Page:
Jesus was ready when he went into the wilderness to be tempted. As parents, we need to guard our children’s influences carefully and discern the difference between a healthy stress test and simply setting them up for failure. Keep the end in mind and remember that you’re raising up an adult, not a child, but go carefully as you expose them to competing influences and temptations. Fear and naiveté are opposing errors in this dance. If your child’s faith is weak, limit damaging influences, and seek ways to shore it up. Open and honest dialogue is paramount here.
Live as a family on mission
This is really what I mean by “bringing them with you.” Read the Scriptures and pray together. Serve your community together. Let them find meaningful ways to contribute to God’s work in your church and city. We tend to minimize the effect of family on faith and exaggerate the influence of an hour at church.
I once thought that the time requirement of parenting decreases as a child gets older. Not true! We often underestimate our influence as parents and delegate our role too quickly and to too many people. Keep the word “disciple” in view when you discipline and it will help keep the end in mind.
“The past is never dead. It’s not even past.” —Mark Twain
Two opposing viewpoints, right? So, which one will it be? You’ve got several options when it comes to the brokenness in your family tree.
You can excuse it, “She did the best she could under the circumstances.” You can ignore it, “Nothing good comes from digging up the past.” You can resist it, “I’ll never be like them!” Or, you can courageously face it and choose to forgive, “God, help me see my family and past as You see it and allow your grace to heal and transform it.”
Brandon and Michaela had each heard hundreds of sermons. But when they got married four years ago, there were deep, entrenched parts of their souls that were untouched by the power and grace of Jesus. Somehow, two biblical truths had managed to evade them:
The blessings and sins of our families going back a couple generations profoundly impact us today.
Discipleship requires putting off the sinful patterns of our family of origin and relearning how to do life God’s way.
The real idea behind generational curses in the Old Testament is more of an observation than a spiritual law: sin naturally spreads until there is a deliberate break. I give what I’ve received and I withhold what was withheld from me. The break happens when I say, “I see this now for what it really is and I don’t want to be a part of it. I don’t want it to be a part of me and I certainly don’t want to inadvertently pass it on to my kids. So, I need to name it, forgive it, and then step fully into a new beginning through the grace of God.”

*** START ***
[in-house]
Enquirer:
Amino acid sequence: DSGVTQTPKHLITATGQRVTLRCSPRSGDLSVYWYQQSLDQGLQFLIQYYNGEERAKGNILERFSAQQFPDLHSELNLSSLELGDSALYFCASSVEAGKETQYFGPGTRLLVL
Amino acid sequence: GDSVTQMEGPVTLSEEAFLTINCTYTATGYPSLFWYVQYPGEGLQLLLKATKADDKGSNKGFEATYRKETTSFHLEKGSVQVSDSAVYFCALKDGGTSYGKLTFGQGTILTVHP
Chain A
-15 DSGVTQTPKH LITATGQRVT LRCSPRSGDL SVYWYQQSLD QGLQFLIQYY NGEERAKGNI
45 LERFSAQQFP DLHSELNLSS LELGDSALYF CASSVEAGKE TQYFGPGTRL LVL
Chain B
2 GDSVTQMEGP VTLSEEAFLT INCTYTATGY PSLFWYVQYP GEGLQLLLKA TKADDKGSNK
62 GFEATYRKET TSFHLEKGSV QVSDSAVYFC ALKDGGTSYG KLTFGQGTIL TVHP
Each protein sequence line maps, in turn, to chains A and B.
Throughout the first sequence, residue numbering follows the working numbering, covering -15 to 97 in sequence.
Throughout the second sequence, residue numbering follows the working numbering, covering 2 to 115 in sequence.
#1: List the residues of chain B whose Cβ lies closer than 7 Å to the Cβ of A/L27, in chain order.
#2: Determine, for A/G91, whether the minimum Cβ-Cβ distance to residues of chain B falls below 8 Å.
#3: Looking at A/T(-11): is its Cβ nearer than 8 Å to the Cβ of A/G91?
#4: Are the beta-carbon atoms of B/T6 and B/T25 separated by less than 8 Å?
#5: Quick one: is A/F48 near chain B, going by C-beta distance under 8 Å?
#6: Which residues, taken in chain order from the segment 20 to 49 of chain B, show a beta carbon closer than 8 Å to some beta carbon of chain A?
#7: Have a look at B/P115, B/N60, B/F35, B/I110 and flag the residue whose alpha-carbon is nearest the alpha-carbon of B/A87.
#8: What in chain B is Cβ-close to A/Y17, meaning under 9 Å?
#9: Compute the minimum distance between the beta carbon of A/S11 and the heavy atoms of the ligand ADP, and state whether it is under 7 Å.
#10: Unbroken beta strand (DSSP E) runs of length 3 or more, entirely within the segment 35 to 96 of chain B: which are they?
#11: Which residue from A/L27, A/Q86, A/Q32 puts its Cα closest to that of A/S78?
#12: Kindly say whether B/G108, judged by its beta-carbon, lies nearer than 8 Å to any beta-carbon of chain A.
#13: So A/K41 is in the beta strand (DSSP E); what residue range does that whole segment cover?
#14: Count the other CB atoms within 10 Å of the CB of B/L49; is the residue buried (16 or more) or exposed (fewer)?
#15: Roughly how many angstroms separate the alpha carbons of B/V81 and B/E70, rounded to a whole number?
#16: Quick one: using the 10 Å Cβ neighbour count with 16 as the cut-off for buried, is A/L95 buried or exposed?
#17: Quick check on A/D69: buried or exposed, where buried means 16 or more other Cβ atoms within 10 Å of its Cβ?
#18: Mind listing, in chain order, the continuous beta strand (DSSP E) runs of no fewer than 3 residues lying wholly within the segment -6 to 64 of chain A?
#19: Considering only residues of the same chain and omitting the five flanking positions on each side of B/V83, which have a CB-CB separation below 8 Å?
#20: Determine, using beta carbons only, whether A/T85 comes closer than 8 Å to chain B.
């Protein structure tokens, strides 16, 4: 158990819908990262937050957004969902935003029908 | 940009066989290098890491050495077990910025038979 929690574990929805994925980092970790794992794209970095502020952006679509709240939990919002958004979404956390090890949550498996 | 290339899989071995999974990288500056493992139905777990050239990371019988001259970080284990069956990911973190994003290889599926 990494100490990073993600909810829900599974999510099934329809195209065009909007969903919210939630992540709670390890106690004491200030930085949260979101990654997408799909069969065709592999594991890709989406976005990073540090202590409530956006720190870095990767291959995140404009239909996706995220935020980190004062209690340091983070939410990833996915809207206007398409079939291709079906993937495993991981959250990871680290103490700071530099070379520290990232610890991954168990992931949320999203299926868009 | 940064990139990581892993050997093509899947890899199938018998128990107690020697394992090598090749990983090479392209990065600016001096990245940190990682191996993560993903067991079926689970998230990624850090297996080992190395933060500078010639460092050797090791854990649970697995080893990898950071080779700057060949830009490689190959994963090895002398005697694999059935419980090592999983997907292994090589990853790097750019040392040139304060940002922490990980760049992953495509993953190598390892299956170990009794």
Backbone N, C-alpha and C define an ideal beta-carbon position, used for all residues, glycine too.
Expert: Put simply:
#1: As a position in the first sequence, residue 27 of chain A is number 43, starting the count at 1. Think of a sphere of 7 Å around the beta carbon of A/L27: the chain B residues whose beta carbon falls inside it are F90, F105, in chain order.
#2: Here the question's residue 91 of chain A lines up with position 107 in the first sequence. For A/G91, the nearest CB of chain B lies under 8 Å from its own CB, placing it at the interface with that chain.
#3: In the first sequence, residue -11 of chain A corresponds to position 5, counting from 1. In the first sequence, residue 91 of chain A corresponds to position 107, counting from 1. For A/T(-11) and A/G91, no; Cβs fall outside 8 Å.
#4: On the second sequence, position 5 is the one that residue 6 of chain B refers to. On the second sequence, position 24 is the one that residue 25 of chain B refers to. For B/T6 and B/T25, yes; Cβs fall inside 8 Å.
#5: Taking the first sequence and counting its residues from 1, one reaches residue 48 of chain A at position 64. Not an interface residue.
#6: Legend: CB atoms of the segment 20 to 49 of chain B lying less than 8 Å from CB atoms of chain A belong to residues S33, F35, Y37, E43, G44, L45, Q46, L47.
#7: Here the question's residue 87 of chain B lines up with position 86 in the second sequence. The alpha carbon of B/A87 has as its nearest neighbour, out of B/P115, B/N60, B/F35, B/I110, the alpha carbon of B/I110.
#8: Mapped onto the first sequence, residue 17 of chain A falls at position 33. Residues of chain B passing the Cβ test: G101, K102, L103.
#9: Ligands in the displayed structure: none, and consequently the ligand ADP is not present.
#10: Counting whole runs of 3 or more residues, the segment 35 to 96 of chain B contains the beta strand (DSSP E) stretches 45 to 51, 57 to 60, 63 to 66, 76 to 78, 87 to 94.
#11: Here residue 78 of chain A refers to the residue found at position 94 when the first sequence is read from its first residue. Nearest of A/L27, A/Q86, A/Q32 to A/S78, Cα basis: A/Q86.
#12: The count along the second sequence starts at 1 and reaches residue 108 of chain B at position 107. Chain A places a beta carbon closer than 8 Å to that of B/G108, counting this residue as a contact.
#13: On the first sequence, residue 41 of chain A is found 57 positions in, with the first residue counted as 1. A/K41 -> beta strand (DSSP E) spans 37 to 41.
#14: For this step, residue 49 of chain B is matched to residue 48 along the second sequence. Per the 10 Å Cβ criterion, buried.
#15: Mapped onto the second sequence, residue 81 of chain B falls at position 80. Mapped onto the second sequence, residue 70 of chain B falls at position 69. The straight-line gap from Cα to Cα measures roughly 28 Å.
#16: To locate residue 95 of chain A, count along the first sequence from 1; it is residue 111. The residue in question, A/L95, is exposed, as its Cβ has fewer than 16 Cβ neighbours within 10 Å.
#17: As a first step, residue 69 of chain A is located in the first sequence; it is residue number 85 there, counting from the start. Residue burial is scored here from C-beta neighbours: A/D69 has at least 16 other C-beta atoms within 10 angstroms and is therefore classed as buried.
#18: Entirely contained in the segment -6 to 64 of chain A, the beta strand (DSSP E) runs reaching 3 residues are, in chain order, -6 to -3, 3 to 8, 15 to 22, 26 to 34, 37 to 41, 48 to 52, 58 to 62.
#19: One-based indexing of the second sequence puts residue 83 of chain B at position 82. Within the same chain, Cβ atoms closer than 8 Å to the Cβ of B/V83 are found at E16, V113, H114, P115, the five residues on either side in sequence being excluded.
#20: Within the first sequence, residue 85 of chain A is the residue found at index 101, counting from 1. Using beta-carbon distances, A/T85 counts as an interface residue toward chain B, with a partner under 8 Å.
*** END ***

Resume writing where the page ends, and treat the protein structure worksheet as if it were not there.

Life has a way of deadening our emotions. Pain and disappointment chip away at our childlike enthusiasm and hope until our most common feeling is simply “numb.” Remember as a child how you lived unencumbered by all that weighs you down today?
There was no morbid self-consciousness. There wasn’t a trace of timidity. Your head and heart were connected and you weren’t jaded, disillusioned, or bitter.
Some people seem to gravitate more naturally toward potential problems and errors. It may be as simple as an eye for precision and detail that notices slight inconsistencies or breaks in pattern. The picture is crooked, the number isn’t exact, or the expectations weren’t fully met. On a beautiful image, their eye naturally focuses on the almost undetectable blemish.
Thought patterns are established easily and unconsciously and negativity is a common thought-rut, especially the more detail oriented we are. So, how can a realist become a contagious optimist?
Wesley Furlong is the founder and director of City of Refuge (refuge.life), a network for community transformation and the director of Church Development for the EVANA Network, an evangelical Anabaptist network of churches across North America.